FIVE MENTAL MISTAKES PLAYERS MAKE
Founder of Thrive Football.
Possibly the most underrated aspect of football is the psychological part of the game. It is often the most difficult to master, but it can be the difference between being stuck at the amateur level and becoming a professional.
1. looking at mistakes negatively
Mistakes are 100% inevitable. Face it. They are going to happen many times throughout your career. We have to realize that mistakes can be a blessing or a curse. We have to look at them as an opportunity to grow as a player. When we have the mentality that mistakes are inevitable and we can learn from them, our game can really open up. We feel able to take risks and that's really where the magic happens. When we take risks, we learn regardless of the outcome. Our confidence may get a boost based on a successful outcome. If the risk doesn't go as planned, we can learn and apply what we learned to improve our game.
2. reacting negatively to mistakes
When we make a mistake, many times we get really down on ourselves. It's very difficult to bounce right back, but think about it. What do we gain by dwelling on our mistakes? Nothing. We can benefit from analyzing them after the game, but getting frustrated in the moment never has a positive outcome. The game hardly allows us anytime to regroup, but try this. Next time you make a mistake in a match or training, at the next stopping point, take a couple of deep breaths and tell yourself these three words. "Can't change it." No matter how big your mistake was you can not change it no matter how mad you get. The only thing you can do is forget about it and channel your efforts towards playing the best you possibly can for the rest of the match or training.
3. Lacking confidence
Confidence is a skill that is developed over time. There is no magic trick or tip to instantly gain confidence. If you do not currently have it, don't be discouraged when it doesn't change over night. You just have to work every single day at it and it will gradually become better. Every time you are resilient in a difficult situation or overcome a challenge, your confidence grows. Every time you make an incredible save, tackle, assist, or goal, your confidence grows. Every time you see improvement in your fitness or game, you confidence grows.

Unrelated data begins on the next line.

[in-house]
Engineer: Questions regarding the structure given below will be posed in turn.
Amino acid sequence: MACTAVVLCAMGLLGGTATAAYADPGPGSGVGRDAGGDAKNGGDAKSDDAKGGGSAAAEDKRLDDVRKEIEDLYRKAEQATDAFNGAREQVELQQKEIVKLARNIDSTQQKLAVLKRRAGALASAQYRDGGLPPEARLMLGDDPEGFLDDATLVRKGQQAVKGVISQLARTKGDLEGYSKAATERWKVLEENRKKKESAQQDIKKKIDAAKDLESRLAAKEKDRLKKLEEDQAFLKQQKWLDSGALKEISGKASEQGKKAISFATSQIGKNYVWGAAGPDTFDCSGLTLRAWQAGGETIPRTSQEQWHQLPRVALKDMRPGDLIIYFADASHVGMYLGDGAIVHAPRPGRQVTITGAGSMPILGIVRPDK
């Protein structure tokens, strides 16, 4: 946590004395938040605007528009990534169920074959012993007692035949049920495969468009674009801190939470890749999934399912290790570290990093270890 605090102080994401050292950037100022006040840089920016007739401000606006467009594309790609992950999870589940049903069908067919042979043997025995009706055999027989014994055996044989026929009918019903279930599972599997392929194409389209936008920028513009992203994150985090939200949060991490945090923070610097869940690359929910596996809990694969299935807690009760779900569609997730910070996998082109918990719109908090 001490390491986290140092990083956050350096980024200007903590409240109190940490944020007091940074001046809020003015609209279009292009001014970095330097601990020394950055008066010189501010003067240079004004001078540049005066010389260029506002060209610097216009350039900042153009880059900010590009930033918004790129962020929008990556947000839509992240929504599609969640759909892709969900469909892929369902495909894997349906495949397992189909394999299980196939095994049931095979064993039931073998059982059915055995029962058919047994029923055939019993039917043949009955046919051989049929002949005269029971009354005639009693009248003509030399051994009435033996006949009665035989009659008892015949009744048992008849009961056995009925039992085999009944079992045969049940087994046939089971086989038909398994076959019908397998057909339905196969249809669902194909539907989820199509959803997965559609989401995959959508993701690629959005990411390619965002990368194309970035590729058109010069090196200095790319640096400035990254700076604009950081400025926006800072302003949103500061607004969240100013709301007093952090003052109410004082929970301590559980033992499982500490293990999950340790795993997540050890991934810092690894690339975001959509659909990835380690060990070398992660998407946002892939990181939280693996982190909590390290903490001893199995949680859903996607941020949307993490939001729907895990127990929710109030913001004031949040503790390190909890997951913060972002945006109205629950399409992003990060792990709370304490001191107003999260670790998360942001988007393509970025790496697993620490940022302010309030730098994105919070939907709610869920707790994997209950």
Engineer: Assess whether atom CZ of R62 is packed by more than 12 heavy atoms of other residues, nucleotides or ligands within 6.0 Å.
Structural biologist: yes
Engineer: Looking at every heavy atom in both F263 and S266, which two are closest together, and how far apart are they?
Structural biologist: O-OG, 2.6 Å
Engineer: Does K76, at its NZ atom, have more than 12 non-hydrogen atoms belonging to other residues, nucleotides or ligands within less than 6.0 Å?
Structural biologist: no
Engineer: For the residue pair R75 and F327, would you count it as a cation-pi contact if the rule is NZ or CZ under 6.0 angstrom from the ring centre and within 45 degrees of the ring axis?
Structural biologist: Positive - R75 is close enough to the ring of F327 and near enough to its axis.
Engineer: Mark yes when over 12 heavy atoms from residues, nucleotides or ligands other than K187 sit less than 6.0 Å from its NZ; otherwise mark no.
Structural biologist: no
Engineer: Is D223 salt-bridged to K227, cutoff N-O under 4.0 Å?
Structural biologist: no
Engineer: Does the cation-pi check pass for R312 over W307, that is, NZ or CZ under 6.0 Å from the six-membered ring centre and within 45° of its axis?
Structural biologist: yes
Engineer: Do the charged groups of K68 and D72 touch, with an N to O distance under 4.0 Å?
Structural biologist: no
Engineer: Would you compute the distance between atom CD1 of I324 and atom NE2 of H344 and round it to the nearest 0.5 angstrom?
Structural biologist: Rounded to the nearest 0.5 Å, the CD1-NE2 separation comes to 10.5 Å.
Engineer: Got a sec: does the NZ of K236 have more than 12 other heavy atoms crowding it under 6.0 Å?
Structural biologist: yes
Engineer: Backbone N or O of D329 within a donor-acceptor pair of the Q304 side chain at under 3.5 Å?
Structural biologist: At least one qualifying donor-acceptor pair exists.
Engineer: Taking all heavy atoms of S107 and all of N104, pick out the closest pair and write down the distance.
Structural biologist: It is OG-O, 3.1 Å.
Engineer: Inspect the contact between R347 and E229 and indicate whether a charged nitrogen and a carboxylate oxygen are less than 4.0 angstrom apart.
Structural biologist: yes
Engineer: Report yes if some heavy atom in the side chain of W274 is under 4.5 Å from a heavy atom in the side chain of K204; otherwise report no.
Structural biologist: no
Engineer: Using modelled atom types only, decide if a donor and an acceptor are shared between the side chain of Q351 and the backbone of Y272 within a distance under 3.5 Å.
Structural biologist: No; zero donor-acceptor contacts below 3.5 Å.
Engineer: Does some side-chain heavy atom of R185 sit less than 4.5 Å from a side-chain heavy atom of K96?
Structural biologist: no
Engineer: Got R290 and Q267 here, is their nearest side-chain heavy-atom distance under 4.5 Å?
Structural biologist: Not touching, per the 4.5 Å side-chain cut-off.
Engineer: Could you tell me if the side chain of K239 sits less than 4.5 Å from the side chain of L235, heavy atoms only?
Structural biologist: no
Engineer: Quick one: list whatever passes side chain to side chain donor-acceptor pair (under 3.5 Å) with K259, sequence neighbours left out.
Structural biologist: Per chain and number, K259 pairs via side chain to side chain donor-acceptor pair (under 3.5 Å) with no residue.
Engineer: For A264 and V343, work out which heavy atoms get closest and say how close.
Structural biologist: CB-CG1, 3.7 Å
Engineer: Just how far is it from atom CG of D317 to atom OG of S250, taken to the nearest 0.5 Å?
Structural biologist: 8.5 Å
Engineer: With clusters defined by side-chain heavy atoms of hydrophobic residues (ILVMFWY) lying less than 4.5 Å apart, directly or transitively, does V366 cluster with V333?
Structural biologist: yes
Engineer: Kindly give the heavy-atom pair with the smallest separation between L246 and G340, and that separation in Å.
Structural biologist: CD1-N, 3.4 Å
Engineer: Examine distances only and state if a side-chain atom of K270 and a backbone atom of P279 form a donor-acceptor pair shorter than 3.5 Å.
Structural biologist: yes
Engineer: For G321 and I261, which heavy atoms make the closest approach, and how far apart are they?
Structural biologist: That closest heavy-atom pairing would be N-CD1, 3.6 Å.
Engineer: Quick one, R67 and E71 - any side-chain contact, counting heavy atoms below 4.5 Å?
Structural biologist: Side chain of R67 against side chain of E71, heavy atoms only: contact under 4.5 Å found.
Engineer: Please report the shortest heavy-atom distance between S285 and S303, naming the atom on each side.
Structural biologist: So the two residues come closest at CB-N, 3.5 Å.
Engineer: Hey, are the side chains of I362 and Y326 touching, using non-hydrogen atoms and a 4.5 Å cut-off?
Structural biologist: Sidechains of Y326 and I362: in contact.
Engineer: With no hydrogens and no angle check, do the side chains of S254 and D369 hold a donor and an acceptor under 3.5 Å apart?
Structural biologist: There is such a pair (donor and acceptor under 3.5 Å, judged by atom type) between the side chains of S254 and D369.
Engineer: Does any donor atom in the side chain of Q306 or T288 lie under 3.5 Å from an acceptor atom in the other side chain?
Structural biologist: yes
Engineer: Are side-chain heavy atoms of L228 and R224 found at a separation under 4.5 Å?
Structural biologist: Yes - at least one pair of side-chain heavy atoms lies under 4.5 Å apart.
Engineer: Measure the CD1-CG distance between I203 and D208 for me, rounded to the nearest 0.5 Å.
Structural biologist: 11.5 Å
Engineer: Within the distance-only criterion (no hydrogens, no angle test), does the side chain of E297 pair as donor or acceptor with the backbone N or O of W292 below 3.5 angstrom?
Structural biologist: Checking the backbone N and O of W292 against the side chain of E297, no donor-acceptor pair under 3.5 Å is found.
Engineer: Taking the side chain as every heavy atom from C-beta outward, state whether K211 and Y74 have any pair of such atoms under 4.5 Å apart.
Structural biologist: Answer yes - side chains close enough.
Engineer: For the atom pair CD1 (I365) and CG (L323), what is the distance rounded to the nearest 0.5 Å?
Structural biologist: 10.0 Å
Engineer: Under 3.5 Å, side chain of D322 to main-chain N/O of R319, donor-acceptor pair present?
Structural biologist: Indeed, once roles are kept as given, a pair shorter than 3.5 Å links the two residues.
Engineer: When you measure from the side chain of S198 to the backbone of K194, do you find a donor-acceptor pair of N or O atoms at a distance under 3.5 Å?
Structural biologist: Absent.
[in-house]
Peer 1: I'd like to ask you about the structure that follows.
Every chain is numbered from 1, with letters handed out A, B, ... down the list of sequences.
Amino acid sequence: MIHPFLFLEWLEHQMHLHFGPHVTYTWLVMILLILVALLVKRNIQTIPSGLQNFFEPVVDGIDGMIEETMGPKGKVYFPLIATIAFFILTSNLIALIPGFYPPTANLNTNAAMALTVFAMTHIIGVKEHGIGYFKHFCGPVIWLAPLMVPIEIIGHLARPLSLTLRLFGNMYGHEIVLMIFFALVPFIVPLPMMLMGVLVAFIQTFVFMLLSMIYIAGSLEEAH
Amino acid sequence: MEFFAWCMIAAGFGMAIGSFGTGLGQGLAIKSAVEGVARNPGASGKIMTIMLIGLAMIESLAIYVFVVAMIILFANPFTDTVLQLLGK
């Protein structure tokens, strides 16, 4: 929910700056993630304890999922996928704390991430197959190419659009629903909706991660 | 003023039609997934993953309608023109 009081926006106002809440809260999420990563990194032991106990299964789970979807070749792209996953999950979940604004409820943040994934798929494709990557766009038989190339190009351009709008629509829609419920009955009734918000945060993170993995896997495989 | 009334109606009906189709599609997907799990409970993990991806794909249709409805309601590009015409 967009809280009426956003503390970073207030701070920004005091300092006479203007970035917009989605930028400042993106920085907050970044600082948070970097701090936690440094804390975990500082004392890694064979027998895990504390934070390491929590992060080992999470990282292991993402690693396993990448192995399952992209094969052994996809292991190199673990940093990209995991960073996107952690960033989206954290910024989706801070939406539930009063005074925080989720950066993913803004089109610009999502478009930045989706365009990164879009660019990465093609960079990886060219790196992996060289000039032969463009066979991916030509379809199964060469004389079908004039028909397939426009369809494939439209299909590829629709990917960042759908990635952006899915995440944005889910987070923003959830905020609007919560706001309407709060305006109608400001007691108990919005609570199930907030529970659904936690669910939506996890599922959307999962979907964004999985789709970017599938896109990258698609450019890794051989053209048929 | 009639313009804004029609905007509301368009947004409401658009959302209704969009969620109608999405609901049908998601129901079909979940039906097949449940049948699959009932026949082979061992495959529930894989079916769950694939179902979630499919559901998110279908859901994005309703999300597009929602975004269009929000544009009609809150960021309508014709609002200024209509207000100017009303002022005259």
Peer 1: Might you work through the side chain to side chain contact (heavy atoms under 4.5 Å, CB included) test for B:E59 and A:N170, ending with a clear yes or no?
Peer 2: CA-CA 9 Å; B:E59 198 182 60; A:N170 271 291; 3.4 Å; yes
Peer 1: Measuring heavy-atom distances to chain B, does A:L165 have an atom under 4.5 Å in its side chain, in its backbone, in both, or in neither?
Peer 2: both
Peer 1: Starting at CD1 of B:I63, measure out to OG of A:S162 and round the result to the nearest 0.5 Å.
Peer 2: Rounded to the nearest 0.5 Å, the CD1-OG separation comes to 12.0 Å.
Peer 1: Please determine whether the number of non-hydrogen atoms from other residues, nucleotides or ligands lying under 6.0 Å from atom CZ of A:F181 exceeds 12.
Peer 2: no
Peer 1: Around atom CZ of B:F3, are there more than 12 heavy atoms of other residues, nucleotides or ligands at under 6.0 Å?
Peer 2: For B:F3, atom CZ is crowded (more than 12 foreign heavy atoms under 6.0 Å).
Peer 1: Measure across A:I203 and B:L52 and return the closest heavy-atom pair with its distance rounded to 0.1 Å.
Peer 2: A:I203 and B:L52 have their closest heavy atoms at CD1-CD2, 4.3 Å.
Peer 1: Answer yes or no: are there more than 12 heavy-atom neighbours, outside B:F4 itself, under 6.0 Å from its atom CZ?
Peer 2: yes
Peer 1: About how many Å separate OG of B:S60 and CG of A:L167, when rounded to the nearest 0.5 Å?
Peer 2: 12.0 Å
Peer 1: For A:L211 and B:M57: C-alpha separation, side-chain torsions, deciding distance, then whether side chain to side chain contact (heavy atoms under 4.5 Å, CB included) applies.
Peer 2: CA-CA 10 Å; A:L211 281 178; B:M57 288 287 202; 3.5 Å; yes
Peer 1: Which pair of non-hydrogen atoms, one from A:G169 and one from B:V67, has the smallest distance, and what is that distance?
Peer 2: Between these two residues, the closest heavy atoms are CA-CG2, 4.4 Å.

The other aspect of confidence is the way you talk to yourself inside your head. Many times we tell ourselves that we aren't good enough. The more you prepare and the harder you work in training, the easier it will be to be confident in yourself. You are confident that you can make a certain pass or shot if you have done it in training hundreds of times. If you don't feel like your are good enough, ask yourself, does your work ethic and training match your ambitions of how good you want to be as a player? Sometimes you have to ask yourself the hard questions to grow as a player. You can only get better from it.
4. not being coachable
The best players in the world never stop learning. No matter how good we are, there will always be room for improvement. Every single one of us can get better than we currently are. As soon as you think you know enough, you have lost and will continue to lose until your mentality changes. Focus your energy on absorbing new information and applying it to your game. Be open minded and adaptable to new philosophies and techniques. One single piece of new information could change your life forever.
5. Improperly setting goals
Many players will set goals at the beginning of the season to hit a certain number of goals or assists. Think about a time that you have done this. Did you take specific actions to achieve that specific goal? Most of the time, the answer is that you worked really hard in training, but didn't take very specific action.
Scientifically, us as humans have a difficult time processing long term goals and implementing them into our life. Now that we know this, we should take advantage of it. I challenge you to look at goal setting in a different way. Try setting fewer goals (three at the most) for specific shorter periods of time such as offseason, first half of season, second half of season. Fewer goals narrows your focus and makes obtaining the goal almost inevitable. Specific shorter periods of time allows you to feel the success you deserve to feel when you achieve a goal, grow your confidence, and give you time to reflect at the end of the period.
In addition, try changing the type of goals you set. Instead of setting a goal for a specific amount of goals or assists. Reverse engineer what it takes to get there. For example, let's say you want to score x amount of goals. In order to score more goals, you need to be good at getting into a position to score and scoring when you get into position. So your goal may be to do a finishing drill 5 times a week and study the movements of a professional that plays your position to see how their scoring opportunities arise. Goals like this specifically allow you to improve the skill set needed to achieve the ultimate goal. They are easily measurable which allows you to hold yourself accountable.